library(tuneR)
library(ggridges)
library(dplyr)
library(plotly)

Introduction

There are R packages that can analyse any type of data through providing an analytically interface to functions used for a wide range of purposes. Sound recordings provide a very rich source of data. The tuneR package can run many different analyses on them.

This post is an interesting example.

http://giorasimchoni.com/2017/12/10/2017-12-10-ave-mariah/

Although responsible for what is widely held to be the worst Christmas song of all time. The best is, of course, Fairy tale of New York, although an honorable kitschy mention might go to Slade. It turns out from this detailed analysis that Mariah Carey has a very respectable vocal range, although Whitney Houstoun is outstanding.

The same sort of analysis could be applied in a range of ecological contexts for analysing and classifying bird song, bat calls or insect chirps.

So,, I was quite interested in reproducing the figures in the article in a different context.

The Mariah Carey analysis focuses only on vocal range. The range of dominant frequencies sampled from a song with guitars, bass and drums will be heavily dependent on the instrumentation. However the pattern that emerges may provide a useful signature of the song’s structure and general feel.

Choosing some contrasting examples

The Arctic Monkey’s album AM is a highly sophisticated, original collection of songs which figure both strong bass lines and falsetto backing vocals. Although the only instruments used are guitar, bass and vocals, different elements combine to form the melodic structure of the songs.

The Velvet underground also wrote very sophisticated songs, however their underlying musical structures were much simpler and relied heavily on rhythm guitar to provide a more monotonous backdrop to the narrative vocals.

Analysing the waveform

The article on Mariah Carney uses some clever R code, but it does not it explain the logc of the analysis very clearly.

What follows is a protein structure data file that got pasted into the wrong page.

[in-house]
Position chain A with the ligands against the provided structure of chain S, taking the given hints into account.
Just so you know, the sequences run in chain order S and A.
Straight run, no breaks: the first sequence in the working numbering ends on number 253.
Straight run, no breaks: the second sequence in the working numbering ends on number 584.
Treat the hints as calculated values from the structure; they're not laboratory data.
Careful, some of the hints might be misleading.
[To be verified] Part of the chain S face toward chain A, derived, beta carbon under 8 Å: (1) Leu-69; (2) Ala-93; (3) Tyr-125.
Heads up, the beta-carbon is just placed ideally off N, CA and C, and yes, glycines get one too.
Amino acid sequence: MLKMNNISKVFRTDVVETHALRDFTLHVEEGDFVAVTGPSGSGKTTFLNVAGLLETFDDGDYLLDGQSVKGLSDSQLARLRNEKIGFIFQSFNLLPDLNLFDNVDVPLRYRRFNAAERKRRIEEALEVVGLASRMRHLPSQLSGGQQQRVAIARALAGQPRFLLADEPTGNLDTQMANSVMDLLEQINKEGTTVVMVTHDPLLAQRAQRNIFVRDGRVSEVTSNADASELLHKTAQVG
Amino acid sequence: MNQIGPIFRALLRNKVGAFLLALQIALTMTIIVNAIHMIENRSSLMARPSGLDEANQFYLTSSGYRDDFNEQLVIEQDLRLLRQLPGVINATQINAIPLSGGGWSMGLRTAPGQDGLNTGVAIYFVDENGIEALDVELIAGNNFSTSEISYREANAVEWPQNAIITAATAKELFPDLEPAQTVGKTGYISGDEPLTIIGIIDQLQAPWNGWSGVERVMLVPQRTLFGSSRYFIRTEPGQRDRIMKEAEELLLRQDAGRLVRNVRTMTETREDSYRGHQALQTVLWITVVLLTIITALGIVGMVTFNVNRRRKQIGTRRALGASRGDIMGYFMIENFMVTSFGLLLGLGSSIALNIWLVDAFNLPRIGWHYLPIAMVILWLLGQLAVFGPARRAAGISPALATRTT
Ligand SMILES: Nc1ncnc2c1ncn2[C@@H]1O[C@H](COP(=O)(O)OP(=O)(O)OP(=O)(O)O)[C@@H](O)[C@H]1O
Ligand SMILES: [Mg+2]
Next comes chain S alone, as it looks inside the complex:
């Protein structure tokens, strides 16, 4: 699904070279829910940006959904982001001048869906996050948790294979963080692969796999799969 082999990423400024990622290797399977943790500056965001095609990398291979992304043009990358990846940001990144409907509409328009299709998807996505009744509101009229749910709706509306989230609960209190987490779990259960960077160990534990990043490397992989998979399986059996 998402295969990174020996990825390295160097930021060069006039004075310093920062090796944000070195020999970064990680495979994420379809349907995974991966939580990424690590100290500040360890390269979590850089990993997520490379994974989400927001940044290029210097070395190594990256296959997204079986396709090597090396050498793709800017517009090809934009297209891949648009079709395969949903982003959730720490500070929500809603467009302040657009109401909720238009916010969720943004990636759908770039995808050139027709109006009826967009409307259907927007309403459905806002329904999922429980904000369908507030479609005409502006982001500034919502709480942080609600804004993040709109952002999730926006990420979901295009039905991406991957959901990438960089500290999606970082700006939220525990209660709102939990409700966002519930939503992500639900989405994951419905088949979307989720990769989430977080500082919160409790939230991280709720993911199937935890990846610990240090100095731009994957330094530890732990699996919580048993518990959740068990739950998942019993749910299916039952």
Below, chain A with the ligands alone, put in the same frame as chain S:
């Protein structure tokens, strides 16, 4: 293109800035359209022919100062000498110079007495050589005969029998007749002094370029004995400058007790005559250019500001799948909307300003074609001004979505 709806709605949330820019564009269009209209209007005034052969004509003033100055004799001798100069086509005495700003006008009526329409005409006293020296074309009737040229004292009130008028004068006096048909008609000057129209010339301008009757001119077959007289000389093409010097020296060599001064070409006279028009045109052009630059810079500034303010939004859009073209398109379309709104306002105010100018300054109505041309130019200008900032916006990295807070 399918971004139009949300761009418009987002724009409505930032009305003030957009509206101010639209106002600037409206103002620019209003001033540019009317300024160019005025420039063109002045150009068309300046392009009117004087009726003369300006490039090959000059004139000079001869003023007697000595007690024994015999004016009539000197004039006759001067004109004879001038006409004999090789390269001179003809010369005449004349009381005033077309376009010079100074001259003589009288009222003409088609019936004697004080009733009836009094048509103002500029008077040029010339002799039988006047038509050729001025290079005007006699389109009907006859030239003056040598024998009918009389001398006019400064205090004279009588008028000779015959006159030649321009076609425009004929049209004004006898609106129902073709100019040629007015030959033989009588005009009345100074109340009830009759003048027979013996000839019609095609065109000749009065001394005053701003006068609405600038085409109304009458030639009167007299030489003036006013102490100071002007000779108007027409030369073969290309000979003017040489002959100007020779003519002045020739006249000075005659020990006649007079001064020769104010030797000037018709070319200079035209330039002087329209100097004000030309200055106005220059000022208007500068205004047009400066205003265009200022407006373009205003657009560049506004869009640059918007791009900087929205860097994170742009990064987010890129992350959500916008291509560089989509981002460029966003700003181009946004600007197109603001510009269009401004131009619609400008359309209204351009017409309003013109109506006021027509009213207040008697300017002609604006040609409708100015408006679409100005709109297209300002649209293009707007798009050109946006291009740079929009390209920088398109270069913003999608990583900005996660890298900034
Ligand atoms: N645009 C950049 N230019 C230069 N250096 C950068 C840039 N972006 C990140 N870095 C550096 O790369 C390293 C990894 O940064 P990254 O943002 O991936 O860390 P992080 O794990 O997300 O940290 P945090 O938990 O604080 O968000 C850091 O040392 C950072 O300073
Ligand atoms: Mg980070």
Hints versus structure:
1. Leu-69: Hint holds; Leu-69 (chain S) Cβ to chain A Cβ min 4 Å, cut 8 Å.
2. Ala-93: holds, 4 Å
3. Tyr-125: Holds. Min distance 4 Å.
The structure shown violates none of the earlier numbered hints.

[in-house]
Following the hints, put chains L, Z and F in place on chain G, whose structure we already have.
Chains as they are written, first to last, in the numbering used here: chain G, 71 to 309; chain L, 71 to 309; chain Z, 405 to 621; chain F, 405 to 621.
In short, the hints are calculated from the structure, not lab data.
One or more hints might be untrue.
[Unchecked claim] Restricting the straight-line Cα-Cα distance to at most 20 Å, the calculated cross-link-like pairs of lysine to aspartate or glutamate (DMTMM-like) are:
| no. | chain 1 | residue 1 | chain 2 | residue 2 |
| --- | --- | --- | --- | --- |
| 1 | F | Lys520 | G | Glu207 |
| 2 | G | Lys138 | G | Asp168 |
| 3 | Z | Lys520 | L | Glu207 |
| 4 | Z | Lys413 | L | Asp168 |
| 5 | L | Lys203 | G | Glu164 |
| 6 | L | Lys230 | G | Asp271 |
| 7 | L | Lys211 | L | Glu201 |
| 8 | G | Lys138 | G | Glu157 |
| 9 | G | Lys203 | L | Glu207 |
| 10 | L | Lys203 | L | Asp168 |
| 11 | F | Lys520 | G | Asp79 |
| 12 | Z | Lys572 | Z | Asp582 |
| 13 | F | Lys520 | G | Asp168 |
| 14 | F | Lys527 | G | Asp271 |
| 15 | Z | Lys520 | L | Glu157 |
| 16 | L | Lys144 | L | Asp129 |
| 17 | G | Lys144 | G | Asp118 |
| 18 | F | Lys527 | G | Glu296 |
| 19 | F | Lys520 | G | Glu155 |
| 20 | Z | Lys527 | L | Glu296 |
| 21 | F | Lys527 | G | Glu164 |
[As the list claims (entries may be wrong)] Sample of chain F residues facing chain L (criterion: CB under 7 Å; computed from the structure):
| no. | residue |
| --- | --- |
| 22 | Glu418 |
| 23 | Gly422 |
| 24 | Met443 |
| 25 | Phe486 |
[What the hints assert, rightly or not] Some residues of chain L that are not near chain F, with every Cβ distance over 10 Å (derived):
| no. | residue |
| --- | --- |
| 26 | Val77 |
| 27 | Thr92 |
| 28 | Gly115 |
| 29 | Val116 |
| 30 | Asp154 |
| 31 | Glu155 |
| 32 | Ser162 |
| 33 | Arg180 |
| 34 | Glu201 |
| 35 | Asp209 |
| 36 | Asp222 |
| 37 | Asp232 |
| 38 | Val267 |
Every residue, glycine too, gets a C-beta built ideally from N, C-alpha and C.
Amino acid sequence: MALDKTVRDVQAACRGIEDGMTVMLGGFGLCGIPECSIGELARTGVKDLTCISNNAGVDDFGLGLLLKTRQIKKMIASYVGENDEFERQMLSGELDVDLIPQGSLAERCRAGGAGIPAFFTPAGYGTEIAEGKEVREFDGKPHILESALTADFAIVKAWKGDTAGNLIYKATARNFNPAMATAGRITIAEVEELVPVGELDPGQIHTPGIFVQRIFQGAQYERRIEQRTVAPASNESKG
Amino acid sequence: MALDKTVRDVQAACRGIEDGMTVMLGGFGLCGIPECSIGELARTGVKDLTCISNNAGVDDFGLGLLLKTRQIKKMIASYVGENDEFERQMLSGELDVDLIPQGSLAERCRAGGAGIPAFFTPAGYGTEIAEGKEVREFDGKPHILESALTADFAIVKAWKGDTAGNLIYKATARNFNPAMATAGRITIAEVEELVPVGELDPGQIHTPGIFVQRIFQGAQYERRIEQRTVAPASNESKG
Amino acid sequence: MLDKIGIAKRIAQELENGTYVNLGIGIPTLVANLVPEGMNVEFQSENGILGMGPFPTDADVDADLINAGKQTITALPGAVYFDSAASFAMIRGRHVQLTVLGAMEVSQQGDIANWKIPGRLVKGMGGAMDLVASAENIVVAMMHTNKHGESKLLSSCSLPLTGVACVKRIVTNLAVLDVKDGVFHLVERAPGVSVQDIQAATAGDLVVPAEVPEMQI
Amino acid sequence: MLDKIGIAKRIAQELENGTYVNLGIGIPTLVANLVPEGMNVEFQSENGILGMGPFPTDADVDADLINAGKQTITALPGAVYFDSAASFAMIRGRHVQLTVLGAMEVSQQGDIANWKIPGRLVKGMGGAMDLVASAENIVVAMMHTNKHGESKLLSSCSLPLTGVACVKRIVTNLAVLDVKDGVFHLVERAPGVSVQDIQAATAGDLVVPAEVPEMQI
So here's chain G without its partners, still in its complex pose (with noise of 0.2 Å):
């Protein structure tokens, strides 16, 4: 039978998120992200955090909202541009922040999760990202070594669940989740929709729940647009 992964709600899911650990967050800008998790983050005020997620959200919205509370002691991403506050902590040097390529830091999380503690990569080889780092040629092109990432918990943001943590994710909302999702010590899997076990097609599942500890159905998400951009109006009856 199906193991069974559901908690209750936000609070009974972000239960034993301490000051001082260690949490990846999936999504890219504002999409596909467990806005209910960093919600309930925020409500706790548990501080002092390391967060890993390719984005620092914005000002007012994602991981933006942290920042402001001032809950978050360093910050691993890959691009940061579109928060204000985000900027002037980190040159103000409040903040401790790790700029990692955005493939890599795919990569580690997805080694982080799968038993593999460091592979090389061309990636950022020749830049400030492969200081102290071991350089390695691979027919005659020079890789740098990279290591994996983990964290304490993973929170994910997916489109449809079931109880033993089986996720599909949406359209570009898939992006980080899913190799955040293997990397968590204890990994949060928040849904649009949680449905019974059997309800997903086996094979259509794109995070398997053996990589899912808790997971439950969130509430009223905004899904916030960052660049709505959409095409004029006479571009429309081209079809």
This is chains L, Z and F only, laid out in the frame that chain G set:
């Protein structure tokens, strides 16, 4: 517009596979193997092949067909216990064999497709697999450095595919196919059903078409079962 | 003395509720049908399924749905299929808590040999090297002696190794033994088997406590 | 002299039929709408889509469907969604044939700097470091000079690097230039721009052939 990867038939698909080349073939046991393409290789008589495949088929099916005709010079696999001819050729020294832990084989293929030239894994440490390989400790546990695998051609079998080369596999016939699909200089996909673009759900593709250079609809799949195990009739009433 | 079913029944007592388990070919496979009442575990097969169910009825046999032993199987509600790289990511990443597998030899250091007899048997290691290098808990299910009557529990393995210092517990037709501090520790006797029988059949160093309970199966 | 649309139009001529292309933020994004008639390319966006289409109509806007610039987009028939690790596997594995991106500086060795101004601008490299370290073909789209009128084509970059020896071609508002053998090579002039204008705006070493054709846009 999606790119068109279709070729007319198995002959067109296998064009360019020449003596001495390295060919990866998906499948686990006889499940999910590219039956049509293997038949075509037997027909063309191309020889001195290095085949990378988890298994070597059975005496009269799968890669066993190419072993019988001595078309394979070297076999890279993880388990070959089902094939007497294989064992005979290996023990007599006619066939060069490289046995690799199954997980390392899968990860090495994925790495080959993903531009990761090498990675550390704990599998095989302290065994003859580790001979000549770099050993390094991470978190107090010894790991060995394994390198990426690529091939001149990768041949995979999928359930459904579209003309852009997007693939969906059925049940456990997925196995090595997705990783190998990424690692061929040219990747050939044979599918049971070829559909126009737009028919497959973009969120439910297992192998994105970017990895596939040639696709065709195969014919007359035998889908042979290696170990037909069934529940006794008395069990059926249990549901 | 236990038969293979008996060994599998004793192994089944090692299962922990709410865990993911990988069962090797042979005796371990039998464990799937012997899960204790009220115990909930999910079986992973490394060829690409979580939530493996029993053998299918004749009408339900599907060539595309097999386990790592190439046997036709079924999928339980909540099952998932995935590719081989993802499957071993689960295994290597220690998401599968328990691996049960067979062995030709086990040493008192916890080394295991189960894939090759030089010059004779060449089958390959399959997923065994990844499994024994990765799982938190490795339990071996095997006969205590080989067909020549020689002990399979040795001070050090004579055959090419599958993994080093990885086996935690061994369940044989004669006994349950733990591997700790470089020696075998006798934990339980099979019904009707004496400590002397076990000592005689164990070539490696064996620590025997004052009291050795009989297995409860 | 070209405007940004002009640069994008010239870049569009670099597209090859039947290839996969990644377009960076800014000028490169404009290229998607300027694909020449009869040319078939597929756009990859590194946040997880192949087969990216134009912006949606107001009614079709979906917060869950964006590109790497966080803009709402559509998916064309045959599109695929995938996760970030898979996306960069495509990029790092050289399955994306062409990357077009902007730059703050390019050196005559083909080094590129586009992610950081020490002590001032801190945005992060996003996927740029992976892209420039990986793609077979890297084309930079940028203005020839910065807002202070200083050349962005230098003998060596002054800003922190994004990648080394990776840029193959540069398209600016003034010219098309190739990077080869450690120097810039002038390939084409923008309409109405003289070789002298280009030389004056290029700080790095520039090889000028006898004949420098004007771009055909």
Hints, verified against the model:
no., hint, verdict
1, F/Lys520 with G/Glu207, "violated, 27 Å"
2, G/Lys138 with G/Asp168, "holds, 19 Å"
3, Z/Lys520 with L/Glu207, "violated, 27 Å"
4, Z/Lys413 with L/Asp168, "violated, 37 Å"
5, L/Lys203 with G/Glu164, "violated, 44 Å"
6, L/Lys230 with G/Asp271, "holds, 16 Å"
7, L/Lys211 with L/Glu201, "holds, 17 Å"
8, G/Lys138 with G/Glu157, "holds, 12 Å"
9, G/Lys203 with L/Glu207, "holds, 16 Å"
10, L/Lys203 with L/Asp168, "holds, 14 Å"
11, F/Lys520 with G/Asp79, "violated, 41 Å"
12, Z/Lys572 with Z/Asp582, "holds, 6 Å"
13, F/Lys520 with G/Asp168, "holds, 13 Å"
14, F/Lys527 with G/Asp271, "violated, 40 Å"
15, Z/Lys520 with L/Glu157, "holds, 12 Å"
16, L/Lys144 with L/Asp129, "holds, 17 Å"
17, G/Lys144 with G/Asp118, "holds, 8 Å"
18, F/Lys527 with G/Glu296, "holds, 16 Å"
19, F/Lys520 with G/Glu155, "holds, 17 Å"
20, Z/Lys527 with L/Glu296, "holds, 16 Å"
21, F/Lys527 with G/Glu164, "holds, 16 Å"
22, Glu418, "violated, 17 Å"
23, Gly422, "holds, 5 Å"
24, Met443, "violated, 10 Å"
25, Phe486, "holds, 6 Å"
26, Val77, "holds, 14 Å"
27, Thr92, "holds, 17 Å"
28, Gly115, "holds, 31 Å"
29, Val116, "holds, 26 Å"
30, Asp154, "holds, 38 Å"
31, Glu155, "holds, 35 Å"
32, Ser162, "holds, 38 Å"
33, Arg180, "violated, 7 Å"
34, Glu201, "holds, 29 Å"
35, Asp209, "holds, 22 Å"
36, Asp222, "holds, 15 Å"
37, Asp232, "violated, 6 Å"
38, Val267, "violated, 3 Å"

The first step in the analysis is to read in a sound file and convert one or both of the stereo tracks to a single WAv wave form.

a<-dir(pattern="mp3") ## Find all the mp3 files in the current  directory
x<-a[2]  ## Choose one of them for illusrtation
stereoMP3File <- readMP3(x)  ## Read it in and converto to a wav file
## Nost files are steroe with a right and left band. This is potentially confusing so either one band has to be chosen or the two combined.
wavFile <- extractWave(stereoMP3File, interact = FALSE)
if (nchannel(wavFile) > 1) {
  wavFile <- mono(wavFile, "both")
}
plot(wavFile,main=x)

This shows the amplitude of the wave, but it is not useful as it stands for statistical pattern matching.

Sampling from the wav file

So, the plot shows the absolute amplitude of the wave, Now, in order to convert that to a frequency we need to take time slices with a given width. This is the next step.

perioWav <- periodogram(wavFile, width = 4096)
plot(perioWav)

As it stands this is still not particularly useful We can see peaks of frequencies, but there is no clear interpretation To start to interpret the data we need to compare it with other sources.

Extracting the patterns

So, the raw data of a single waveform is not particularly informative as it stands. We need a way of comparing it with other waveform.

The key step for the analysis is to look not just at the frequencies of wave oscillations within sample slices, for one song but to form a table holding the “frequencies of the frequencies” for many songs. In other words we look at the proportion of time within the total wave form in which one note was dominate. We can do that in R for the AM songs and VU songs by applying a version of the function used in the Mariah Carney analysis to a folder with songs from AM and VU.

a<-dir(pattern="mp3")

f<-function(x)
  {stereoMP3File <- readMP3(x)
wavFile <- extractWave(stereoMP3File, interact = FALSE)
if (nchannel(wavFile) > 1) {
  wavFile <- mono(wavFile, "both")
}
perioWav <- periodogram(wavFile, width = 4096)
freqWav <- FF(perioWav)
data.frame(song=x,freq=freqWav)
}

d<-lapply(a,f)
d<-do.call("rbind",d)

write.csv(d,"amvu.csv")

Results

I really love what comes next in the analysis, as the plotted results look so much like the iconic cover to the Unknown pleasures album by Joy Division.

I’ve added a red line to separate AM tracks from the VU tracks.

d<-read.csv("amvu.csv")

d<-na.omit(d)
d$song<-gsub("-arctic_monkeys-","am-",d$song)
d$song<-gsub("[[:digit:]]", "", d$song)
d$song<-gsub(".mp3","",d$song)

d<-subset(d,d$freq<150)
d<-subset(d,d$freq>20)
d<-arrange(d,song)

ggplot(d,aes(x = freq,y=song)) +
  geom_density_ridges() +geom_hline(yintercept = 10,col="red")